As a popular cocktail in many countries around the world, the boilermaker is a simple but effective blend of hard liquor and beer. While the preparation and serving methods may vary slightly from one location to another, the basic component of this beer cocktail is a glass of beer that is accompanied by a shot of whiskey, tequila, or vodka. The simplicity of boilermakers is the inspiration for calling the drink a shot and a beer.
The preparation and presentation of a boilermaker usually follows one of two approaches. Often, the glass of beer is pulled and served to the customer. A shot glass that is filled with vodka, tequila, or whiskey accompanies the beer. The customer then may choose to add the liquor to the glass of beer, or down the liquor in one quick movement and then chase the liquor with the beer.
A second approach is for the bartender to do the actual mixing of the two ingredients of the basic boilermaker. A glass of beer is prepared, with enough room left for the addition of a shot of liquor. The bartender may prepare the completed boilermaker behind the bar and pass the one glass to the customer, or pour the liquor into the beer glass after placing the beer on the counter. This second approach allows the customer to observe the amount of liquor that is added to the beer. Regardless of whether the bartender or the customer chooses to mix the liquor and the beer together, the combined mixture is referred to as a sidecar boilermaker.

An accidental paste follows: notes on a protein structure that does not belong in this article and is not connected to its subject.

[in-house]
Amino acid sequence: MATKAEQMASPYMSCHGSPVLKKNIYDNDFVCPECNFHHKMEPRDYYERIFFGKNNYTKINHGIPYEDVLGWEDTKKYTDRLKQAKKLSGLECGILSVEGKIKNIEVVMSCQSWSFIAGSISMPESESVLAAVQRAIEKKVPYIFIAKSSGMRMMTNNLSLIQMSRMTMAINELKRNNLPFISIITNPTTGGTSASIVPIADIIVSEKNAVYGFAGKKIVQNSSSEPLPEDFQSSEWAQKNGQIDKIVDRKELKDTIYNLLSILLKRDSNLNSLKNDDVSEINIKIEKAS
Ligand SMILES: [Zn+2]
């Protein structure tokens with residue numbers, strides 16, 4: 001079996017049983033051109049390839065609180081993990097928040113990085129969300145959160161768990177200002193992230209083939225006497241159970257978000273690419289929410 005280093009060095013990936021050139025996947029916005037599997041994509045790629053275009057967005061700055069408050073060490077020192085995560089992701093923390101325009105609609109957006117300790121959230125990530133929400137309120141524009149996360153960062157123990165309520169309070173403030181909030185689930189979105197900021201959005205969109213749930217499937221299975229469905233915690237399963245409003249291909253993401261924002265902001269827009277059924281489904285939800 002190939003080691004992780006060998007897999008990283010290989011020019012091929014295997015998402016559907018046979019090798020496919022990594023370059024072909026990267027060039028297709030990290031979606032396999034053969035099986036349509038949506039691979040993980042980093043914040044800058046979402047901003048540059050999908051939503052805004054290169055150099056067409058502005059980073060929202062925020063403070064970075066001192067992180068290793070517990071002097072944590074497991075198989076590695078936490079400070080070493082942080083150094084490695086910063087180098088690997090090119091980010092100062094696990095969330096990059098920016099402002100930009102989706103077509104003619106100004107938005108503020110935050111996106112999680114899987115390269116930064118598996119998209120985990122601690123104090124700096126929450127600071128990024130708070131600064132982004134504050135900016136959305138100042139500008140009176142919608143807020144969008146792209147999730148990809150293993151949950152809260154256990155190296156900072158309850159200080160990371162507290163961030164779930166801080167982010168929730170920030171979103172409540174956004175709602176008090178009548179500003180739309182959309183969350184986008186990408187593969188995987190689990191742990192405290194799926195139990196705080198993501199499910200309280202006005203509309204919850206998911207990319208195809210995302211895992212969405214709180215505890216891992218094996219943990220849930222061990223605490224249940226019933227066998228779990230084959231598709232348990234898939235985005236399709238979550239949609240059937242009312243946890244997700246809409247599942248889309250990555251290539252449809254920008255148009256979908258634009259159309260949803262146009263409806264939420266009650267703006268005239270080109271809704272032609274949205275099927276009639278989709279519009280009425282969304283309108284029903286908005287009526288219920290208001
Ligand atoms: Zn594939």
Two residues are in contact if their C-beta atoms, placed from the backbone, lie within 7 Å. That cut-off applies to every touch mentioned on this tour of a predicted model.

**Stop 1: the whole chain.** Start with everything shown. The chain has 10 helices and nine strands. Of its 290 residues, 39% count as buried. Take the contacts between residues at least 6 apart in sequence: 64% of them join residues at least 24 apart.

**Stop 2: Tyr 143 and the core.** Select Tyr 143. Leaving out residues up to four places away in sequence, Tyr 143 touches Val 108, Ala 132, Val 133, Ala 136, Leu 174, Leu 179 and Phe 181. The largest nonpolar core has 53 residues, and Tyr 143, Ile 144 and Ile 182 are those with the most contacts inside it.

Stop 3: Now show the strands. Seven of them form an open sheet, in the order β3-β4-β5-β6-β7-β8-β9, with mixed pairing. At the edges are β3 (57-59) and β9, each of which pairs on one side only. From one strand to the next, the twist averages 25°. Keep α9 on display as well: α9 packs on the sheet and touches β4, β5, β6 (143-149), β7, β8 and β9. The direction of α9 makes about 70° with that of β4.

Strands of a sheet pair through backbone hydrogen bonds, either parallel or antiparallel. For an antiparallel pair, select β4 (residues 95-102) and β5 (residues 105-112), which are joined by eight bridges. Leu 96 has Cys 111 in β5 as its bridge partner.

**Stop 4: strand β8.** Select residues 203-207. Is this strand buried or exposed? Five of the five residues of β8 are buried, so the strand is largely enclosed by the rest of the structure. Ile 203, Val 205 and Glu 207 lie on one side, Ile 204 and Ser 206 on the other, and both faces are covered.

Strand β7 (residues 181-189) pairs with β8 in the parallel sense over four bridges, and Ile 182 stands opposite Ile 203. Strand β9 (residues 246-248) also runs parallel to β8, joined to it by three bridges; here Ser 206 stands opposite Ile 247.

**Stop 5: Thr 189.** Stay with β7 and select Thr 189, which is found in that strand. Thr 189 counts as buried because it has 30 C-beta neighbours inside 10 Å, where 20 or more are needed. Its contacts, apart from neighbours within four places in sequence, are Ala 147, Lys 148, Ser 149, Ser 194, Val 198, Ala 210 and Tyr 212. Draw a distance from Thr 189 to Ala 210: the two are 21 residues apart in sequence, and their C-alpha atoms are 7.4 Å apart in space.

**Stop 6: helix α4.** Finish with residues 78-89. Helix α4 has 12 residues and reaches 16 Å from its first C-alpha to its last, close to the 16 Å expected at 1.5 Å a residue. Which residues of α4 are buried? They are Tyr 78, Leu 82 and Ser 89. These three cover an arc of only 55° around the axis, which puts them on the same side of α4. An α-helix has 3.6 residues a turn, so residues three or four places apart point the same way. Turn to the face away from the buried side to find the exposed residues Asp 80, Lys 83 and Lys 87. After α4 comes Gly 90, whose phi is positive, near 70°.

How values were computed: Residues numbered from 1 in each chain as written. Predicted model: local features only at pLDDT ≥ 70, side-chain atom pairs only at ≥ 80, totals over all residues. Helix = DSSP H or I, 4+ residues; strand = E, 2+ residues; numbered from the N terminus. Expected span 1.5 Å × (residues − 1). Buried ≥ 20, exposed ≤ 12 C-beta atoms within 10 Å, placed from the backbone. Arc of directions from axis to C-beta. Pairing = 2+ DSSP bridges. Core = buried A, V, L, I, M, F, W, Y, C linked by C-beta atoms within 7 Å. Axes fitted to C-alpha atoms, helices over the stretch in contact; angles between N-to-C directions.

A variation on the sidecar boilermaker adds another dramatic flourish to the presentation of the drink. In this instance, a shot glass filled with the liquor of choice is dropped into the beer. Because of the carbonation content of the beer, the result is the creation of a great deal of fizzing action. As the beer begins to fizz, the customer is supposed to begin chugging the boilermaker. This approach to preparing and drinking a boilermaker is known as the depth charge boilermaker.
While the exact composition and serving of a boilermaker will vary from one bartender to another, one factor is certain. A boilermaker is not created as a drink option that is intended for slow consumption. Rather than sipping, the boilermaker is properly guzzled down quickly, often resulting in an immediate rush or buzz for the customer.